The Best Time for Moon Viewing

If you have just received a telescope as a holiday gift or resolved to pull the old one out of the closet in 2006, perhaps your first target will be our nearest neighbor in space: the Moon. It's a great target that offers endless opportunities even for experienced skywatchers.

But when is the best time to observe the Moon with a telescope? 

Many people might assume it is when the Moon at full phase, but that's probably the worst time to look at it. When the Moon is full it tends to be dazzlingly bright as well as flat and one-dimensional in appearance. 

In contrast, the interval when the Moon is at or just past First Quarter phase, or at or just before Last Quarter phase, is when we get the best views of the lunar landscape right along the sunrise-sunset line or terminator.

The terminator can also be defined as that variable line between the illuminated portion and the part of the Moon in shadow. Along with the fact that a half Moon offers more viewing comfort to the eye as opposed to a full Moon, using a telescope with just small optical power (magnifications of 20 to 40x), or even with good binoculars, we can then see a wealth of detail on its surface.  Around those times when the Moon is half-lit or gibbous phase, those features lying close to the terminator stand out in sharp, clear relief.

The Moon arrives at first quarter phase on Friday, Jan. 6 at 18:56 GMT/1:56 p.m. EST.  That will be the moment when its disk is exactly 50 percent illuminated.

Lunar mountains will be visible as the Sun lights them from the right.  How does it brightness compare now with Full?  Most would probably think it's half as bright, but in reality astronomers tell us that the first quarter Moon is only 1/11th as bright as full. This is due to the fact that, a half Moon is heavily shadowed, even on its illuminated half. And believe or not, it isn't until just 2.4 days before full that the Moon actually becomes half as bright as full! 

In contrast to a half Moon, a Full Moon is almost completely illuminated, especially right around its center; the Sun shines straight down even into all the microscopic crevices and except for perhaps around its immediate edges, you will find no visible shadows at all.

As you watch the waxing Moon this week, note that it will pass north of Mars on the evening of January 8.  And during the night of January 9 it will appear to cross in front of parts of the Pleiades star cluster for viewers in North America and Northern South America (see: /1830-moon-hide-beautiful-star-cluster.html).

Finally, have you ever noticed that when artists portray the Moon, they invariably seem to show it as either a slender crescent or Full?  Half moons are shown far less frequently, while gibbous moons are rarely depicted at all.  The word gibbous is derived from the Latin word "gibbus" meaning, "hump."  An unusual word to be sure, but in describing the Moon between half and Full, it's the correct term.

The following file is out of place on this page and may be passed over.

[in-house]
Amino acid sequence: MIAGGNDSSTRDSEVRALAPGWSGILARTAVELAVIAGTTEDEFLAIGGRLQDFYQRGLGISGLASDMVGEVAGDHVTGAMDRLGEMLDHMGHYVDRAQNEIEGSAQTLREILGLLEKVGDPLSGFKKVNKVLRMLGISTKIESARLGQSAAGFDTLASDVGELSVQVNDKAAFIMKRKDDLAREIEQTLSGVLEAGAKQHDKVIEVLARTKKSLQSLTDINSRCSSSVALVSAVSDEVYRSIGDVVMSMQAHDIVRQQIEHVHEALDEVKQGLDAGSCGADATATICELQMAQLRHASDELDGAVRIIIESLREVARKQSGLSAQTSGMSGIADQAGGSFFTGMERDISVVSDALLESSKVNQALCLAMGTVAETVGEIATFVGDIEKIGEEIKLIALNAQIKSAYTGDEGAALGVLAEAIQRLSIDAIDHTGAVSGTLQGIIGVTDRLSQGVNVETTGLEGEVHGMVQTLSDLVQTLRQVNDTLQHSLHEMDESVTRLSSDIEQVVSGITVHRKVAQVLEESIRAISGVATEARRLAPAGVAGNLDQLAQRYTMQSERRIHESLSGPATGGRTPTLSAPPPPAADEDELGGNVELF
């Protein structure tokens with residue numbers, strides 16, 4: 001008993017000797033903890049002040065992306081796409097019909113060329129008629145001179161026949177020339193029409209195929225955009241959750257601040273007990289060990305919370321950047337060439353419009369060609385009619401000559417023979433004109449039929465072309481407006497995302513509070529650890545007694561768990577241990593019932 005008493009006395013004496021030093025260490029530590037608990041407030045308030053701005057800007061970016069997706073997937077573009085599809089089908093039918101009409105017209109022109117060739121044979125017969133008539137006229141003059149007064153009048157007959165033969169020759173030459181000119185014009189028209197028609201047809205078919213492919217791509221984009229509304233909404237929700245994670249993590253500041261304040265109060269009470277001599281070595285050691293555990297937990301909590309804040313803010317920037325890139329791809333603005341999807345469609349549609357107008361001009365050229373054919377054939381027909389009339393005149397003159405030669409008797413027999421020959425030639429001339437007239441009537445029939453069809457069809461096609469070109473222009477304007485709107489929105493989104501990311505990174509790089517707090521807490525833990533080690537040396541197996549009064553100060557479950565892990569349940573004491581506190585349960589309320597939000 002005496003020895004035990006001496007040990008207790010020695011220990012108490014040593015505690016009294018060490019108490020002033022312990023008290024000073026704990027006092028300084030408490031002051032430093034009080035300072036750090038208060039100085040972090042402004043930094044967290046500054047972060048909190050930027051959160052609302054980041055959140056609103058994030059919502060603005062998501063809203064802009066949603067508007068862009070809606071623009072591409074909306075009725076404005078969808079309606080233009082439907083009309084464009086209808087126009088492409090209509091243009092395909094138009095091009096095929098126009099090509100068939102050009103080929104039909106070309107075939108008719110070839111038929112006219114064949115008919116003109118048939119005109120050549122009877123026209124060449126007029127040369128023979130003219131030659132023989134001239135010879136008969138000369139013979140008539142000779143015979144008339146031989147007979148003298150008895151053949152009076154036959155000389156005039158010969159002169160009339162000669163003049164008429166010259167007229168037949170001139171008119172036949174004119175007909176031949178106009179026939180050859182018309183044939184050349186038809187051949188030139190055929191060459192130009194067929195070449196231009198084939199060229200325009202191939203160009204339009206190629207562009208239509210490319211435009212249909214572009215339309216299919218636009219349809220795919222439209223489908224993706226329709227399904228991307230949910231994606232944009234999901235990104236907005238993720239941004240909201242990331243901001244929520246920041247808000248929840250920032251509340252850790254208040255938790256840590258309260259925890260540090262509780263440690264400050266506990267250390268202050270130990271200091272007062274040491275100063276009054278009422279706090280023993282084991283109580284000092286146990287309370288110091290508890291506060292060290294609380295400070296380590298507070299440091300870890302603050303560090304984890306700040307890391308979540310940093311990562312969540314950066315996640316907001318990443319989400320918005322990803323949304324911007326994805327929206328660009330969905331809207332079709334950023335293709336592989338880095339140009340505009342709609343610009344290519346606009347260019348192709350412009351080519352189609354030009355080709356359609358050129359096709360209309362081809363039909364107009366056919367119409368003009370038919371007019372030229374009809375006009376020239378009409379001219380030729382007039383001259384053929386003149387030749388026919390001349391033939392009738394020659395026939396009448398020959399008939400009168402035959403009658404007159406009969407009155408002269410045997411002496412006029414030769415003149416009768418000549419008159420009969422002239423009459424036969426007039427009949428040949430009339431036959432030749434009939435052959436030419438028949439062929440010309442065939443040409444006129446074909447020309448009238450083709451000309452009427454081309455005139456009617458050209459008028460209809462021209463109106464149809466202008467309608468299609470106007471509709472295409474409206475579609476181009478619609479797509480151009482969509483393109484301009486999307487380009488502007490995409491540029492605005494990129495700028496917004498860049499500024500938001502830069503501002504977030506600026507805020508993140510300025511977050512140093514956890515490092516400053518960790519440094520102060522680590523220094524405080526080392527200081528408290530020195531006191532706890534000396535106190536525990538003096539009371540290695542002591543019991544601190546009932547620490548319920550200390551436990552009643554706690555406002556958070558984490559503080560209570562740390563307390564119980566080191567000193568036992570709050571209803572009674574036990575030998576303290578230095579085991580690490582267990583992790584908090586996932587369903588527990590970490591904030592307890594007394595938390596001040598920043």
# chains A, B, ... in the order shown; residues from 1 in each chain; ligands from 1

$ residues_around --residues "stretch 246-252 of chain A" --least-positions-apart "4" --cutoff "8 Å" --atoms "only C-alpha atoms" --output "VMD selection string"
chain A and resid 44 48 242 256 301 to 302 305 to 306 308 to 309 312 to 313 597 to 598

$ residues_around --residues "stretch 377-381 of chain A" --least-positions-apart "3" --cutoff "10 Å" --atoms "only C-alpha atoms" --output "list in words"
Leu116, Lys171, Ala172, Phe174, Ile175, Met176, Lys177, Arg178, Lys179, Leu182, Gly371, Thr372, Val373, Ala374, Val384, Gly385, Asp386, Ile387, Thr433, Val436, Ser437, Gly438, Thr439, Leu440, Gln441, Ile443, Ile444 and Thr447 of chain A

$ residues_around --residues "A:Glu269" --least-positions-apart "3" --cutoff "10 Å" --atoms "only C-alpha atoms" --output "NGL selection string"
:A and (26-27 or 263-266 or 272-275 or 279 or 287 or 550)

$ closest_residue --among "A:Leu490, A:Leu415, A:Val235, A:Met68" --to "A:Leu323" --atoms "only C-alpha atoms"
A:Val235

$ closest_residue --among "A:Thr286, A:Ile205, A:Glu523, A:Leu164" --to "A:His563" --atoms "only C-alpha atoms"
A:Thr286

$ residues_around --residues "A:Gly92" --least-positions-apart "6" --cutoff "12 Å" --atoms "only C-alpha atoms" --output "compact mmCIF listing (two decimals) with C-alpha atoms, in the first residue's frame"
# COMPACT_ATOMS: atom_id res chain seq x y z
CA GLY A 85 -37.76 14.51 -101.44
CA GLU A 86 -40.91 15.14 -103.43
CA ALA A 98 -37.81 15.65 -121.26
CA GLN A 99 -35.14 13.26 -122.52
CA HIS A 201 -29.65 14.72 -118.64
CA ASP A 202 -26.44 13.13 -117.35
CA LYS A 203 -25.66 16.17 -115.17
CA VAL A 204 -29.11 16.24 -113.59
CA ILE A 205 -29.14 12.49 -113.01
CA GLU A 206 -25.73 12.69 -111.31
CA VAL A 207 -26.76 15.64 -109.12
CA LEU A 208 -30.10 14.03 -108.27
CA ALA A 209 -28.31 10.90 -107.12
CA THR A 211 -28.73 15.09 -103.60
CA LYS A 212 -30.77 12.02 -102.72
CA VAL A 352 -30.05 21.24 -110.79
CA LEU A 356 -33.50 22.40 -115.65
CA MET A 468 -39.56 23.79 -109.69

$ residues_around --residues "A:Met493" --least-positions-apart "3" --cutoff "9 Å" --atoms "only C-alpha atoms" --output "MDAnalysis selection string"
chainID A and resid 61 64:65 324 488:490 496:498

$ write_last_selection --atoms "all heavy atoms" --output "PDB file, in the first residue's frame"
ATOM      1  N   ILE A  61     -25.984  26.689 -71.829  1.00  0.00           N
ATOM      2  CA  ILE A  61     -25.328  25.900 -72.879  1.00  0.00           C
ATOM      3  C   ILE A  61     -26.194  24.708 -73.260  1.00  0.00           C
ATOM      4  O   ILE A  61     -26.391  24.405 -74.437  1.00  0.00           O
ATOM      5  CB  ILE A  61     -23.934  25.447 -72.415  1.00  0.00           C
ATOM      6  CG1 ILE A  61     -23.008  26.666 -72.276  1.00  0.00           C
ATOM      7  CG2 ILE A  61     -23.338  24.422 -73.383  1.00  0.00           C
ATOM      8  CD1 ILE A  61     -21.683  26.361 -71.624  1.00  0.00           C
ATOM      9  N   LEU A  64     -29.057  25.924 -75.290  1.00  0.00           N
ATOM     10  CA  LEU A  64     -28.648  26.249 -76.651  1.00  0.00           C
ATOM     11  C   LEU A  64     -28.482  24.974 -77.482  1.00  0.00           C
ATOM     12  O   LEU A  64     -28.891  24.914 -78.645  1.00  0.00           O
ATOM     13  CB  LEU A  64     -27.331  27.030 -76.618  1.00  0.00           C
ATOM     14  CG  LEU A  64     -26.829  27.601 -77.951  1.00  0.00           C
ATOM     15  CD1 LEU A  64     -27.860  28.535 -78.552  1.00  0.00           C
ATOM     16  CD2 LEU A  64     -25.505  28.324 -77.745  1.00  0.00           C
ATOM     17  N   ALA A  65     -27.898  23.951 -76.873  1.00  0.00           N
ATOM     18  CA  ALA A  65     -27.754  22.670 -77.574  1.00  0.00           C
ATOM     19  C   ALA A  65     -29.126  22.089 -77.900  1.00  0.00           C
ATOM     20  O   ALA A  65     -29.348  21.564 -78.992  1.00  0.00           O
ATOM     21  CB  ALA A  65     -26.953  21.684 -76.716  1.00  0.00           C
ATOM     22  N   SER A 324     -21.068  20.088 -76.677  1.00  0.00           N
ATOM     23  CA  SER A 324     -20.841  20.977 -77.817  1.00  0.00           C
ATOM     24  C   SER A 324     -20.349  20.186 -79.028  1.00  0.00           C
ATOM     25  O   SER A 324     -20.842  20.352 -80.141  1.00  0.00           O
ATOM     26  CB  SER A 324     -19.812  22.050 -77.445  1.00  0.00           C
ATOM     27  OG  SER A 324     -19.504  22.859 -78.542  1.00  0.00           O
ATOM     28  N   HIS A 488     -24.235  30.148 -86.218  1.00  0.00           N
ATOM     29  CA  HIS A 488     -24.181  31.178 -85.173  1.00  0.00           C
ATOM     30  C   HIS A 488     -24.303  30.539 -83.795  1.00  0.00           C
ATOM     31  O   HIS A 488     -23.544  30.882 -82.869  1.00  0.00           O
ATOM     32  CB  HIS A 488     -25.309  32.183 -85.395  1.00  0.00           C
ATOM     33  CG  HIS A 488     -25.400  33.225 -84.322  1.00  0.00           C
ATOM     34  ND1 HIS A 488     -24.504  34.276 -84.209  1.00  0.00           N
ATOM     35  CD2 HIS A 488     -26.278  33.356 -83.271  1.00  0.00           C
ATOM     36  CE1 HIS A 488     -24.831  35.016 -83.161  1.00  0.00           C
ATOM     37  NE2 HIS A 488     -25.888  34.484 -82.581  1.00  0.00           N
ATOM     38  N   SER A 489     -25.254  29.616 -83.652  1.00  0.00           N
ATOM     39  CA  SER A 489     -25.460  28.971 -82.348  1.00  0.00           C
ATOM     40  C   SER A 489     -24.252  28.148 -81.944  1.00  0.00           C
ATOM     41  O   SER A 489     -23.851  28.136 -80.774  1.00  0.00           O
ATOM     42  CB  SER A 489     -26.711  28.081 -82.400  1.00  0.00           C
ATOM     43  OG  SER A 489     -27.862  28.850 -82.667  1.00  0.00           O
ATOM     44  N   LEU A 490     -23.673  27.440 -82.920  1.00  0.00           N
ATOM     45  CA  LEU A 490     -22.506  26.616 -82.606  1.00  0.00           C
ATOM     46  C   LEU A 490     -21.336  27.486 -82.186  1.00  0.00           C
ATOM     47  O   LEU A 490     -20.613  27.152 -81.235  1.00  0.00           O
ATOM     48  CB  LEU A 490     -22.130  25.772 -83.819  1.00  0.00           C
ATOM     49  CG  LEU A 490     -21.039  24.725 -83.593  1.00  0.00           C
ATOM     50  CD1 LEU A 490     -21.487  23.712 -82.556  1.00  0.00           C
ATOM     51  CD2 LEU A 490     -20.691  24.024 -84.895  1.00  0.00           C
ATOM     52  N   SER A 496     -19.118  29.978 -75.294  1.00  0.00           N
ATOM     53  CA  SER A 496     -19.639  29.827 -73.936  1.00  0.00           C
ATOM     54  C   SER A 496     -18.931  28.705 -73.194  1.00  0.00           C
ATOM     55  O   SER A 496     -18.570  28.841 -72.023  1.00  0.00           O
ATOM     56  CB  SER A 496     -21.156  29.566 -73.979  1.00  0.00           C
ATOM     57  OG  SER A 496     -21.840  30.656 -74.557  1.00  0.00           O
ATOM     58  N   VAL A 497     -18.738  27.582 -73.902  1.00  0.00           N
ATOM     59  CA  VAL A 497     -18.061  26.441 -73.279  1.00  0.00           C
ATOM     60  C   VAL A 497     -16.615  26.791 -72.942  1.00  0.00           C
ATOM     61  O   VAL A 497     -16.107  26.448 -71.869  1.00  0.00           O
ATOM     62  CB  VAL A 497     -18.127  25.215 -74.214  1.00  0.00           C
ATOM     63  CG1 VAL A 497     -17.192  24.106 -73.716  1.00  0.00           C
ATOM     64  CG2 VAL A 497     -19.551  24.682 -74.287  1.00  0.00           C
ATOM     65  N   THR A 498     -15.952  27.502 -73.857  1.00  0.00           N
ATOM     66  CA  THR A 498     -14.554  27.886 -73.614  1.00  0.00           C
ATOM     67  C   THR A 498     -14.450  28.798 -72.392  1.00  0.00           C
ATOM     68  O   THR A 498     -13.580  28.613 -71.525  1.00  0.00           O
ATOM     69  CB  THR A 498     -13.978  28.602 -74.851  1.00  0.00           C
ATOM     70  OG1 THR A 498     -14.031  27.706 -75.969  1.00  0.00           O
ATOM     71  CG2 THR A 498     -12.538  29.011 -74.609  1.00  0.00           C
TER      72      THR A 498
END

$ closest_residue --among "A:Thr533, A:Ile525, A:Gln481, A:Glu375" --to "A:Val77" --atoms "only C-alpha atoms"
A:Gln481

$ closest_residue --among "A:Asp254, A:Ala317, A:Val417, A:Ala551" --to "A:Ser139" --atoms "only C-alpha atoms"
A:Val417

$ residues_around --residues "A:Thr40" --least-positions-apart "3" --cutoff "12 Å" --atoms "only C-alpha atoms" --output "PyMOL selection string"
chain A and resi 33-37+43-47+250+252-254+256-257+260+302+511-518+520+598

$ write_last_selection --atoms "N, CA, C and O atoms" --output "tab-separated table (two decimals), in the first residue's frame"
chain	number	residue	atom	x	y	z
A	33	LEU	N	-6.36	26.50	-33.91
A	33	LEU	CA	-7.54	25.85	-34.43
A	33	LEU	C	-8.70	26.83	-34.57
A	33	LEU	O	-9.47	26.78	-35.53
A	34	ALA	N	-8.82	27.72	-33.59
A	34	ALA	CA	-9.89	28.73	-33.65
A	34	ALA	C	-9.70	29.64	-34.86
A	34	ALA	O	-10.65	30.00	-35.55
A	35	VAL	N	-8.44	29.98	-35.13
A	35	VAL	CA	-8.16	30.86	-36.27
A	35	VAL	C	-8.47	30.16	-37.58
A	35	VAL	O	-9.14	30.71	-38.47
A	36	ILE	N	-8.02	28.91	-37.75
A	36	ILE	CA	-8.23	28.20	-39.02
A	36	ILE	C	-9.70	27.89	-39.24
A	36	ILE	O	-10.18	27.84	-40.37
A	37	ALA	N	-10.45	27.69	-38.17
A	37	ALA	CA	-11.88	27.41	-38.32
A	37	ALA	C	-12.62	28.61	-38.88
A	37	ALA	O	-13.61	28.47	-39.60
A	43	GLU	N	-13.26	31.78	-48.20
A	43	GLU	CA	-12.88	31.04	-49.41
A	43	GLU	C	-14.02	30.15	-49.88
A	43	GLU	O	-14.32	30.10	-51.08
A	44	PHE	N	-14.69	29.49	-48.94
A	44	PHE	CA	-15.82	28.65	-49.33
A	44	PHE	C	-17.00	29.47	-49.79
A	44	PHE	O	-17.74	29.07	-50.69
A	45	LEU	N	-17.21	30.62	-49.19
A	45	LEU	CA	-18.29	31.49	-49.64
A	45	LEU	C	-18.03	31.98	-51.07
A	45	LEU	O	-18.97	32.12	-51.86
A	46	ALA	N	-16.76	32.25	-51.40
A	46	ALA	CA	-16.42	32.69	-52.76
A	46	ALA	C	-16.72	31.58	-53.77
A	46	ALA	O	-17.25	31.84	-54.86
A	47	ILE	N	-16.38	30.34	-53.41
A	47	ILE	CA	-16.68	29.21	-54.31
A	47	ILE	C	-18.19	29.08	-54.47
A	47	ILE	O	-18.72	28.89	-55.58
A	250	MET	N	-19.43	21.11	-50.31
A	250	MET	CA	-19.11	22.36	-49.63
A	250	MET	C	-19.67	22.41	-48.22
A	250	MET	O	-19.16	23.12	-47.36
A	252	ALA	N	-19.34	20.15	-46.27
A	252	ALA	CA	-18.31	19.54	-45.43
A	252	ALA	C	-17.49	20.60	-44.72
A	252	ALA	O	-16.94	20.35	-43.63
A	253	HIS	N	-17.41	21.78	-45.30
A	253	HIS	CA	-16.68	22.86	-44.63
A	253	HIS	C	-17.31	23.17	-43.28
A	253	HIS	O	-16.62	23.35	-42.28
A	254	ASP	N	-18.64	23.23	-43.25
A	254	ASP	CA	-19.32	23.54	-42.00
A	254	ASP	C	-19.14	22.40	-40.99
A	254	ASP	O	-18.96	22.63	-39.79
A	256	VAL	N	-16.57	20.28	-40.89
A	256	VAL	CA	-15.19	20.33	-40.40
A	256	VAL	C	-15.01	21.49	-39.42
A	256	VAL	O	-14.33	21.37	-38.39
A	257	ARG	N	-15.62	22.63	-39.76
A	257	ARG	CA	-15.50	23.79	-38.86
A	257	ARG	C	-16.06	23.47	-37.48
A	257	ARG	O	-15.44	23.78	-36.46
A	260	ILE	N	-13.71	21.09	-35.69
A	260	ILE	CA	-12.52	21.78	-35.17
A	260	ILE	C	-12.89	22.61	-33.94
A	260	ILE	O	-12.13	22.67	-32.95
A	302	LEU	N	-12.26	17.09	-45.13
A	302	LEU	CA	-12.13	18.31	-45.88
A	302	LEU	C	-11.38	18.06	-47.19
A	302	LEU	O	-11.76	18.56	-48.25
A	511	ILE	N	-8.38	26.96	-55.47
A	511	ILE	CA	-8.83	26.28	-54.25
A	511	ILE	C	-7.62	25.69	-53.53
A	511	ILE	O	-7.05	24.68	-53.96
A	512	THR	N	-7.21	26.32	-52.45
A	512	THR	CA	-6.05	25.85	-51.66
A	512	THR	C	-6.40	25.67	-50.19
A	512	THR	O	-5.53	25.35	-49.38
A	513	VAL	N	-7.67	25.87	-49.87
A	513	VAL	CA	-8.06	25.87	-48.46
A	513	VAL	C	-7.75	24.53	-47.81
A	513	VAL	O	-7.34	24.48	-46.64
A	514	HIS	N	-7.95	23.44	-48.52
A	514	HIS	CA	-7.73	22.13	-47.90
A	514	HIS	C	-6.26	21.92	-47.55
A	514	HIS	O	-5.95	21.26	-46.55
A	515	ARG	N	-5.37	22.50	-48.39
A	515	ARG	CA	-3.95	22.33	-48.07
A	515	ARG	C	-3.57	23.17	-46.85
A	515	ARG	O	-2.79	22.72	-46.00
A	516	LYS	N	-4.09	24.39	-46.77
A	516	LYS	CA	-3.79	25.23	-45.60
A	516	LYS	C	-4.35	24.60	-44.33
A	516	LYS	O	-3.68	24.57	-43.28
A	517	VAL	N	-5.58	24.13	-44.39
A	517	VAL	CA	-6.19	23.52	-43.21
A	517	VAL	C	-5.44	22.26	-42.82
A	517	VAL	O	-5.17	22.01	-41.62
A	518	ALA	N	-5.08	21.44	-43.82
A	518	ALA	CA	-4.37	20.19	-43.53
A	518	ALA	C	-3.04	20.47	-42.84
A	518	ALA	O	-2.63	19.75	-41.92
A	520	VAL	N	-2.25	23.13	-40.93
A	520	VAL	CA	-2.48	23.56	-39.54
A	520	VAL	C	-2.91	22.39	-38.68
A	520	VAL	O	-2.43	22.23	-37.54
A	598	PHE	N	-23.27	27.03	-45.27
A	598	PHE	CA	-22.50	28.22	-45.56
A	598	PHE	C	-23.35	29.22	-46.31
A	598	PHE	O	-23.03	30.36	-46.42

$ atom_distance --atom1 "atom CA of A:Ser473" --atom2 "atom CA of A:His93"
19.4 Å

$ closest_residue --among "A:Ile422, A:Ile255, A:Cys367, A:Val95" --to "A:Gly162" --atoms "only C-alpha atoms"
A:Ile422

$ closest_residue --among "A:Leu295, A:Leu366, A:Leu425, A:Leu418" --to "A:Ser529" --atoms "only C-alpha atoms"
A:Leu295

Yet interestingly, the gibbous moon is the most-seen phase, lunar occurring for the half month between first and last quarter (although to many it looks full for two or even three nights around the time of full Moon).  Because it is in the sky for more than half the night we're more apt to see the gibbous Moon.  In fact, it is even visible during the daytime hours, as will be the case during this upcoming week in mid or late afternoon. In contrast, the oft-pictured crescent Moon is visible only during the early evening or early morning hours, and sometimes only briefly. 

  • Skywatcher's Guide to the Moon
  • The Disappearing Moon: Why and Where it Hides
  • Moon Mechanics: What Really Makes Our World Go 'Round
  • Reading Weather in the Sun, Moon and Stars
  • Sky Calendar & Moon Phases

Joe Rao serves as an instructor and guest lecturer at New York's Hayden Planetarium. He writes about astronomy for The New York Times and other publications, and he is also an on-camera meteorologist for News 12 Westchester, New York.

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Joe Rao
Skywatching Columnist

Joe Rao is's skywatching columnist, as well as a veteran meteorologist and eclipse chaser who also serves as an instructor and guest lecturer at New York's Hayden Planetarium. He writes about astronomy for Natural History magazine, the Farmers' Almanac and other publications. Joe is an 8-time Emmy-nominated meteorologist who served the Putnam Valley region of New York for over 21 years. You can find him on Twitter and YouTube tracking lunar and solar eclipses, meteor showers and more. To find out Joe's latest project, visit him on Twitter.